Professor Richard Portes Says Post-Brexit, Both UK And EU-27 Are Going To Be Worse Off

A leading London-based professor says that it may not be the case that the U.K. and the rest of the European Union may want to come out of the Brexit negotiations on a positive note.

“Everybody wants win-win, everybody wants for (us to) all be better off. It’s not going to be that way,” Richard Portes, professor of economics at London Business School said in TV interview.

“We’re all going to be – both on the U.K. side and the EU-27 side – we’re all going to be worse off. There’s no way that you can avoid the shocks, the negative shocks that will come from breaking the past trade, investment and so forth relationships that we’ve had.”

With Eurogroup Chief Jeroen Dijsselbloem saying in Berlin Thursday, that both the U.K. and the rest of the EU should try to “minimize the damage” of Brexit, with him also highlighting the risks facing financial stability, leading figures from both the U.K. and EU have stated that they want to keep close ties following the triggering of formal exit talks, even though it’s been just over week since the U.K. triggered Article 50 and in the run-up to the formal exit talks.

Saying that while the euro area’s economy has been picking up, troubles are expected ahead for the British economy, Portes discussed the economic outlook for Europe and the U.K. on the sidelines of the Ambrosetti Finance Workshop in Italy”The outlook, interestingly, for the euro area economy has been picking up very substantially over the past half a year and that’s partly to do with the European Central Bank’s aggressive easing policies.”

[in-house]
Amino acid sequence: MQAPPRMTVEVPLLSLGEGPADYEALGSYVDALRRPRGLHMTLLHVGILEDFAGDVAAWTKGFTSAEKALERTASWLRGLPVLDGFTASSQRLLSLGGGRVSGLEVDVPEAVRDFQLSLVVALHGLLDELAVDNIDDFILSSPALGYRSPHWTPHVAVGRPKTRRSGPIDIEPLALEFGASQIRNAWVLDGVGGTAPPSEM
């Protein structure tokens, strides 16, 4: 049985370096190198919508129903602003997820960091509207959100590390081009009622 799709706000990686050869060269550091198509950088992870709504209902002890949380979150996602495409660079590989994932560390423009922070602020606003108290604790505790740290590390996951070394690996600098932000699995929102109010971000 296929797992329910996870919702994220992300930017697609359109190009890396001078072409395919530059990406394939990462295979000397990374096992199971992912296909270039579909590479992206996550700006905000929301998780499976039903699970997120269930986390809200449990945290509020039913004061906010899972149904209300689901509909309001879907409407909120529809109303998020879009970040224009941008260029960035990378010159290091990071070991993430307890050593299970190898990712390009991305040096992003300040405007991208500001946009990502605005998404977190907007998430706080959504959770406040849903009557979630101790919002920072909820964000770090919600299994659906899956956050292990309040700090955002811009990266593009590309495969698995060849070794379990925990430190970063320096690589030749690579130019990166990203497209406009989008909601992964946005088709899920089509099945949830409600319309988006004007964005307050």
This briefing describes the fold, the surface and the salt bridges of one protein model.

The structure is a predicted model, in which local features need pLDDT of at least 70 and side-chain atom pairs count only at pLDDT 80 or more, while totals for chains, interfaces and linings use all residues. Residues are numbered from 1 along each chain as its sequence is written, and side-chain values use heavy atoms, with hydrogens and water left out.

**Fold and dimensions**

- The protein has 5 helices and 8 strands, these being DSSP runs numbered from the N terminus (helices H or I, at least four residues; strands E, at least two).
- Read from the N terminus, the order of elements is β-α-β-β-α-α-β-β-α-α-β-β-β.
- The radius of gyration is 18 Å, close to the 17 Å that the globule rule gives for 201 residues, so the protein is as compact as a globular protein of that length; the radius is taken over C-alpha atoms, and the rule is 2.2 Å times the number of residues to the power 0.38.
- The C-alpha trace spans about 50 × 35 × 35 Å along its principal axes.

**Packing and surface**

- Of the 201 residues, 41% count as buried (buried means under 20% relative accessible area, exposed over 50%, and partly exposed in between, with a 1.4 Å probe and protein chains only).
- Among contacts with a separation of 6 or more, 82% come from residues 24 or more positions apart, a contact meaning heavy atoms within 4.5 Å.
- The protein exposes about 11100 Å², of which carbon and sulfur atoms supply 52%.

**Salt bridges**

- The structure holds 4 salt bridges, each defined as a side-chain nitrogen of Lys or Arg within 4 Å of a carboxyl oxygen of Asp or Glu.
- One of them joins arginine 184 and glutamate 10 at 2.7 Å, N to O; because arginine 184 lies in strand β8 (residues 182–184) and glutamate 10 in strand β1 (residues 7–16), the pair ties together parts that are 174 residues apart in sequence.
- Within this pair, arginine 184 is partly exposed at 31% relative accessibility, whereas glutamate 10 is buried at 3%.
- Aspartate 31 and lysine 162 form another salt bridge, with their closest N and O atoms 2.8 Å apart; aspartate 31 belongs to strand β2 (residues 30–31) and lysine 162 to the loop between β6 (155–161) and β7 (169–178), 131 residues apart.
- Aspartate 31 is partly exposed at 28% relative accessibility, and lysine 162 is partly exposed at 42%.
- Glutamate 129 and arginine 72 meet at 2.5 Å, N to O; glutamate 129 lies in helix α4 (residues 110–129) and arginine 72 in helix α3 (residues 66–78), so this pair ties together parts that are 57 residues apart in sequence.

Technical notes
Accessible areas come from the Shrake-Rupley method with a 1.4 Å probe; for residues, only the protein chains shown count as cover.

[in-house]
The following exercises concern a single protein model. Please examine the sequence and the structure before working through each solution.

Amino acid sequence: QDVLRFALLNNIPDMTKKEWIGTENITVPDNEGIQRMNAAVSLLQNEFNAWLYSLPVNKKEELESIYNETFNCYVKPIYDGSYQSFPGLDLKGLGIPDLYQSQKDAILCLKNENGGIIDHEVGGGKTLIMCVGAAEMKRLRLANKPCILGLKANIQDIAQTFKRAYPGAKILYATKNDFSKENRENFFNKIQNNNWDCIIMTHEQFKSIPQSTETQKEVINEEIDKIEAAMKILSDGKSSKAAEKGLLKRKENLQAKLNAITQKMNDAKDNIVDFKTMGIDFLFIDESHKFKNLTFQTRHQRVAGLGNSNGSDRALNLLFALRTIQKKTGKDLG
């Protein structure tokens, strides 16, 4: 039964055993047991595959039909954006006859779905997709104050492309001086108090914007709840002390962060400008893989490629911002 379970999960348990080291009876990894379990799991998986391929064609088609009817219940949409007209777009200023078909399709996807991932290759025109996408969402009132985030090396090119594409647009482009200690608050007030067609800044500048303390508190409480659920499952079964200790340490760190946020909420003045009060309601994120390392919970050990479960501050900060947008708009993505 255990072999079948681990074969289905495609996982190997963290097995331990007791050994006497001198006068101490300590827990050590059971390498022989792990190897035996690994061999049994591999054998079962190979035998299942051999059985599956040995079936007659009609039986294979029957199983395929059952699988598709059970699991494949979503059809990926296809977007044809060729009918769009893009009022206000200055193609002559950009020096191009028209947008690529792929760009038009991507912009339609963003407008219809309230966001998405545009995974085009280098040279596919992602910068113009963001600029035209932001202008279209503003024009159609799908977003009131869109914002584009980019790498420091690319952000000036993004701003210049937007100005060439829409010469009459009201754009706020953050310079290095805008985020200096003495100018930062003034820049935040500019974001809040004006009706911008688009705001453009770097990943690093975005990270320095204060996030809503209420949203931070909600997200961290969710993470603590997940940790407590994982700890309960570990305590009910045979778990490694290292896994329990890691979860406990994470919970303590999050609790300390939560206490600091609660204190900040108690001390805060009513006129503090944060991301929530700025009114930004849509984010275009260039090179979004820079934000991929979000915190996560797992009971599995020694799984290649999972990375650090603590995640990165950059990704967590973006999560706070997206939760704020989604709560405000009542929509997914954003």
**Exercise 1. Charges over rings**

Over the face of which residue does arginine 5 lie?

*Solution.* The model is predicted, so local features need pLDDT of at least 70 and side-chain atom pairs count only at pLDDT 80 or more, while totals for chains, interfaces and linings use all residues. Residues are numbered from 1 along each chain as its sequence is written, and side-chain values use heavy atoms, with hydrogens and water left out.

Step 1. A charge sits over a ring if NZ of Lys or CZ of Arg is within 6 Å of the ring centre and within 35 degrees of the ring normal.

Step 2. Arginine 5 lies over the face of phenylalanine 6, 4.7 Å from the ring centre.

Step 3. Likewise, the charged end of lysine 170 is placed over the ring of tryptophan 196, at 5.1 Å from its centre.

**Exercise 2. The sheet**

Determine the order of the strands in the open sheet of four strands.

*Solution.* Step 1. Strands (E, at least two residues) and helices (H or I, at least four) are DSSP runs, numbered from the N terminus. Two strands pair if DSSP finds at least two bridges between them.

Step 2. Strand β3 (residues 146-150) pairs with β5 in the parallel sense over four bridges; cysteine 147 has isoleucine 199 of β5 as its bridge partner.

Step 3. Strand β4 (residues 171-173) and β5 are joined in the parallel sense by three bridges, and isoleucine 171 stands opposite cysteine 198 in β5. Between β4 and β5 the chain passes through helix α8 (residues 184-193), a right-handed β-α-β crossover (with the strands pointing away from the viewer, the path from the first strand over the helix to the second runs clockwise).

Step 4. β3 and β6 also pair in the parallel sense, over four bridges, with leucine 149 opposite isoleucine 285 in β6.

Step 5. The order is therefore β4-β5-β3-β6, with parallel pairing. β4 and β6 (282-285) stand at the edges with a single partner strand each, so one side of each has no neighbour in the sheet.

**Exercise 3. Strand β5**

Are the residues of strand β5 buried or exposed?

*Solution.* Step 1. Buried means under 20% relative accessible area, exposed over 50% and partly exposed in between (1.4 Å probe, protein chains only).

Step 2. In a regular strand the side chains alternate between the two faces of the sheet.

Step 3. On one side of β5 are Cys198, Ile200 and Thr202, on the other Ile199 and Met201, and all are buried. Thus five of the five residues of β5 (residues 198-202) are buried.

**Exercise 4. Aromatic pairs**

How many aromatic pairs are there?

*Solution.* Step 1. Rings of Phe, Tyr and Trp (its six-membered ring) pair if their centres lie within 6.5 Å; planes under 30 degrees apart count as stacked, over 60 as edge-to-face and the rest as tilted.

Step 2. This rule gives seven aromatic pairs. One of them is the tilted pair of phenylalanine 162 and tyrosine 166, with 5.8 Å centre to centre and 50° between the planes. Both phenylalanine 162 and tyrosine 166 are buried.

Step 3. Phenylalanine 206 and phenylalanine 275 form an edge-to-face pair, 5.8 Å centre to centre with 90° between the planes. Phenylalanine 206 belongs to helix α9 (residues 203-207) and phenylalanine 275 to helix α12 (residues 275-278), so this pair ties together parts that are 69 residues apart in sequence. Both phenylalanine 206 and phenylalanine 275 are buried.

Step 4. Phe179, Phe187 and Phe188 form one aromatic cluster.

However, Portes believed the Bank of England would be facing its own set of challenges as the end of 2017 approaches when it comes to the U.K.

“I think the Bank is going to be facing a hard choice towards the end of this year, because I think that consumer expenditure will be slowing down, investment will not be picking up and inflation will be picking up.”

“So the bank will have the classic conflict between ‘do we raise rates to combat inflation?’ with the possibility that in fact that the economy is slowing down significantly.”

Analysts expect the tide to turn in the future even as U.K. data has yet to show drastic negative impacts from Brexit on the economy.

With the biggest drop in sentiment related to clothing, a “dramatic reduction in consumer discretionary income and intention to spend” was show in a recent UBS survey of 2,000 respondents. UBS expected that with real wages set to fall, discretionary spend would follow even while consumer confidence had remained steady so far.

The “economy cannot defy gravity in perpetuity,” stating that while Brexit woes have “failed to upstage the UK economy” yet, a Panmure Gordon note on Thursday echoed similar sentiment.

“I think there are very few positive signs. We’ve got a consumer sustained boom and that’s partly consumer credit,” Portes said.

“Consumer credit has been rising at over 10 percent per annum – that is not sustainable and it’s not good. It’s re-leveraging when we thought that the economy – and in particular the household sector – had to deleverage.”

“The U.K., and the euro zone, and the rest of the EU-27 will be negatively affected by the process of Brexit, there’s no avoiding that,” Portes concluded.

(Adapted from CNBC)

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Categories: Economy & Finance, Strategy, Sustainability, Uncategorized

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